Q: A thing that's been in the news a lot lately has centered around standardized testing as a means to improve education. Would you discuss your experience with standardized testing and provide any views on its affect on the quality of the overall instructional program?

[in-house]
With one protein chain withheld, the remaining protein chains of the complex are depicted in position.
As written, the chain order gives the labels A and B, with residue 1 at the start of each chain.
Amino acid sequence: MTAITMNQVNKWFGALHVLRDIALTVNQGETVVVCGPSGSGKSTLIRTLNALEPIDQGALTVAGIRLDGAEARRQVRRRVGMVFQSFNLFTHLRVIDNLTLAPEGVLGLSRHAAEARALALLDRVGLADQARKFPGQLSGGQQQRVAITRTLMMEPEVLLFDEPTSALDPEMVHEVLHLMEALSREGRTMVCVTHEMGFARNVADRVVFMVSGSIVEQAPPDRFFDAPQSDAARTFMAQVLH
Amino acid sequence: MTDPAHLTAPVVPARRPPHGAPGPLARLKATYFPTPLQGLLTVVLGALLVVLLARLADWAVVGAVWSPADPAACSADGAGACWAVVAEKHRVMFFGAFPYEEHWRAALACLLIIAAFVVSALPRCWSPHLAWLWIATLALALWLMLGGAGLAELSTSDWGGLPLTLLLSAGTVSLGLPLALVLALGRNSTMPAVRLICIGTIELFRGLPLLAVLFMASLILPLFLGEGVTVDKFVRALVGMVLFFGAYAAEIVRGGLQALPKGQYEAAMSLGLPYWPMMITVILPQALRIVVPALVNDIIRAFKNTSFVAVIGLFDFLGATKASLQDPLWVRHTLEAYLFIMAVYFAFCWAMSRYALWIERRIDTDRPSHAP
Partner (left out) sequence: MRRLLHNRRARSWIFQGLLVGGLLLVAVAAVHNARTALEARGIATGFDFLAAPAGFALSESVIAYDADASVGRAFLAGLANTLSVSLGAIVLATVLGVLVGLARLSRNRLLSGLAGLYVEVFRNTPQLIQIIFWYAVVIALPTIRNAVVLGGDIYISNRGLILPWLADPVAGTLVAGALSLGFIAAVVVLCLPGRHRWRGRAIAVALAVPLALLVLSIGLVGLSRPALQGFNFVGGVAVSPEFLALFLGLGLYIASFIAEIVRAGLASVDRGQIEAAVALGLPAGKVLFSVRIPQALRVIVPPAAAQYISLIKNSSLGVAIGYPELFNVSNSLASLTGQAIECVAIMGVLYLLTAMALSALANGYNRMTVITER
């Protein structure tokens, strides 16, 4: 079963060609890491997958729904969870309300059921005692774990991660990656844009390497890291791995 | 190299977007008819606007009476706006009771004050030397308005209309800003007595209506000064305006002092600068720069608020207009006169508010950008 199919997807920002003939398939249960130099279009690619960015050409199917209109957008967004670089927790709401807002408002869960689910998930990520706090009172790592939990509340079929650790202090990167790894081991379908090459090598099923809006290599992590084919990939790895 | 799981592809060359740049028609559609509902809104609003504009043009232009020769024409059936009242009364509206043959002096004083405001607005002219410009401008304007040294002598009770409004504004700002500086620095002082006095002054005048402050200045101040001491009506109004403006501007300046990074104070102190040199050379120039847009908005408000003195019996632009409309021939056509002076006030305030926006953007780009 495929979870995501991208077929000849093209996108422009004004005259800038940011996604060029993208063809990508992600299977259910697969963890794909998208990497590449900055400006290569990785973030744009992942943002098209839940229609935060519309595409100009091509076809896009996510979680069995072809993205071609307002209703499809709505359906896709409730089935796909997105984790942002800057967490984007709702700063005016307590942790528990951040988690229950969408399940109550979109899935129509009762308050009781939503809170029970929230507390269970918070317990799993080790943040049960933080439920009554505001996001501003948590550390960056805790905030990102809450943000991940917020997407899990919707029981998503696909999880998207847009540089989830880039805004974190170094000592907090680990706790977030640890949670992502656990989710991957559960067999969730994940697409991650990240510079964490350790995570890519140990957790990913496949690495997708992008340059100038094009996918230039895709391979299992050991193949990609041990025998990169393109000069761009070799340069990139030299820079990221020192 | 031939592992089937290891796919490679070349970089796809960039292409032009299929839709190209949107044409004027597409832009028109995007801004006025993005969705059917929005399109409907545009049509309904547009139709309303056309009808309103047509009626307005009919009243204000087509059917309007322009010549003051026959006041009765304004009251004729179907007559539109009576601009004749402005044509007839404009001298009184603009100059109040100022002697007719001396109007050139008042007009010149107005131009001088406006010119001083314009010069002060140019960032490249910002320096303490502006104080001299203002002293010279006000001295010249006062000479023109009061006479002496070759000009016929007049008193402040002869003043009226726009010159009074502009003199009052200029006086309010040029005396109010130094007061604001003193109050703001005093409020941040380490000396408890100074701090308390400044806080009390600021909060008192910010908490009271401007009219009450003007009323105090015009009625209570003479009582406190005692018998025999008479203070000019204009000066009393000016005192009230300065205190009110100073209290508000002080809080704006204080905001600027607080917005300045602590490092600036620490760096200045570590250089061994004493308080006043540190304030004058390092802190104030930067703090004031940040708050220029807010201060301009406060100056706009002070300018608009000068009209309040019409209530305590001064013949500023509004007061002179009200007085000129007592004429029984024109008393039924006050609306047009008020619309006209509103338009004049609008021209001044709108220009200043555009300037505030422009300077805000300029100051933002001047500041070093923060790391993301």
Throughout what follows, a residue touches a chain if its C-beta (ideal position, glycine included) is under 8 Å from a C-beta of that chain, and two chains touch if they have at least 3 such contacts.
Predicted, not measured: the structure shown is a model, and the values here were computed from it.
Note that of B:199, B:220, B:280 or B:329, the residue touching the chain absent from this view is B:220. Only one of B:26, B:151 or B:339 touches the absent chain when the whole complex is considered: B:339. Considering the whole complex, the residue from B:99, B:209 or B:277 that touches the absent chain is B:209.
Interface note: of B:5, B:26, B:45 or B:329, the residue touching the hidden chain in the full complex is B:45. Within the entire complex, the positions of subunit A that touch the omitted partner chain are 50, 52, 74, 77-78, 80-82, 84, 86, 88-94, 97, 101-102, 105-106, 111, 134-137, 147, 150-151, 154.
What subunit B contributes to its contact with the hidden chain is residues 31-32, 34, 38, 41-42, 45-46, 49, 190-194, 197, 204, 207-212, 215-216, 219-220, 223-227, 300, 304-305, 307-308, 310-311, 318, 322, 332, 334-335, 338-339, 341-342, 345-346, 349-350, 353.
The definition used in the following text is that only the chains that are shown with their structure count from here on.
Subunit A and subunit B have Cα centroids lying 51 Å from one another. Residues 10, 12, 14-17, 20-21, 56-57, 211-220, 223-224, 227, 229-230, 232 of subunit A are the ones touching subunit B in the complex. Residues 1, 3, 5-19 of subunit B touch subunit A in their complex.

A: Well see I don't believe in testing. I believe in having teachers, in allowing teachers to go into a classroom and teach children. I know that we need to have accountability and I know that we need to have means that say we are accountable and that our students are learning and ways to measure this, and I understand that. However, I have never been a grand proponent of testing. I feel that many times we are, we spend so much time getting get the children ready to test and then to test and then to remediate, that that sometimes is what we get so involved in and that is about all we get involved in. I don't know, that just really hits a nerve for me. Not all children are good test takers and surely to goodness, in the light of education, and in the light that we are supposed to be able to monitor classrooms, monitor learning, measure learning, that we could come up with a system that is better than just out and out testing. Whether it be responding to parents in a narrative way about the child. And if you do that, that takes a great deal more time from the teacher to have to sit and write a narrative, rather than saying that Johnny or Susie or Sally scored in the 50th percentile on the test that he took. And to me it's amazing that we settle for the 50th percentile. Because that's average. And we think that if we barely make the cutoff, or we do make the cutoff, and we make a few points above the cutoff, that's wonderful. Well it is wonderful if we're so locked into testing that we sure want to make sure that we meet that minimum cutoff for testing so that we're not considered failures. And then I think you need to think about in terms of what you consider failure to be. But I think we've probably need to rethink this thing of 50th percentile - wow, that's good, that's great, because we want more of that than our children, we want more than our children just to be average. And I think sometimes we set standards in our own divisions, our own schools, that probably students could be much more successful in achieving, and we're not willing to recognize that. Testing is going to be here because businesses make tons of money from testing. And we're certainly in education we certainly support that. I know that Round Hill Elementary at one time was an ungraded school, Round Hill primary school. And I would really like, if I had a school, I'd really like to see to where we didn't fail anyone and that failure was not a word that was in our vocabulary. For example, if you were my student and we were working, say on a project, and you turned your project in to me...rather than give you a grade...and say you knew it wasn't your best work, so it might be a grade of a "C" or a "B", I'm not saying that you're not gonna get an "A", but I think what would be really grand to do with students whether it be papers, whether it be a test that you're given, is to look at and see what you really want that student to learn from this process. I would much rather give your project back to you, for us to sit down and have a conference and say O.K., tell me why you did your project thus and so, and let me make some suggestions. And then you be willing to take the project back and work on it and improve it, because I think that's how we learn. And I think that's how students have a better understanding and can grasp concepts of what they need to know about subject matter, probably a great deal more. If I gave you a "B" of a "C" on your project, you're gonna take your project home, well Mom I got a "B" or a "C" or an "A", and what are you gonna do with this? And that wonderful dialogue in between that we could have had as learners, both of us as learners, and as teachers, because, see really believe that students are also good teachers as well as learners. And I think that we need to be teachers as well as learners. We miss all that wonderful rich dialogue and that amount of leaning just sort of falls through the cracks, and we loose that.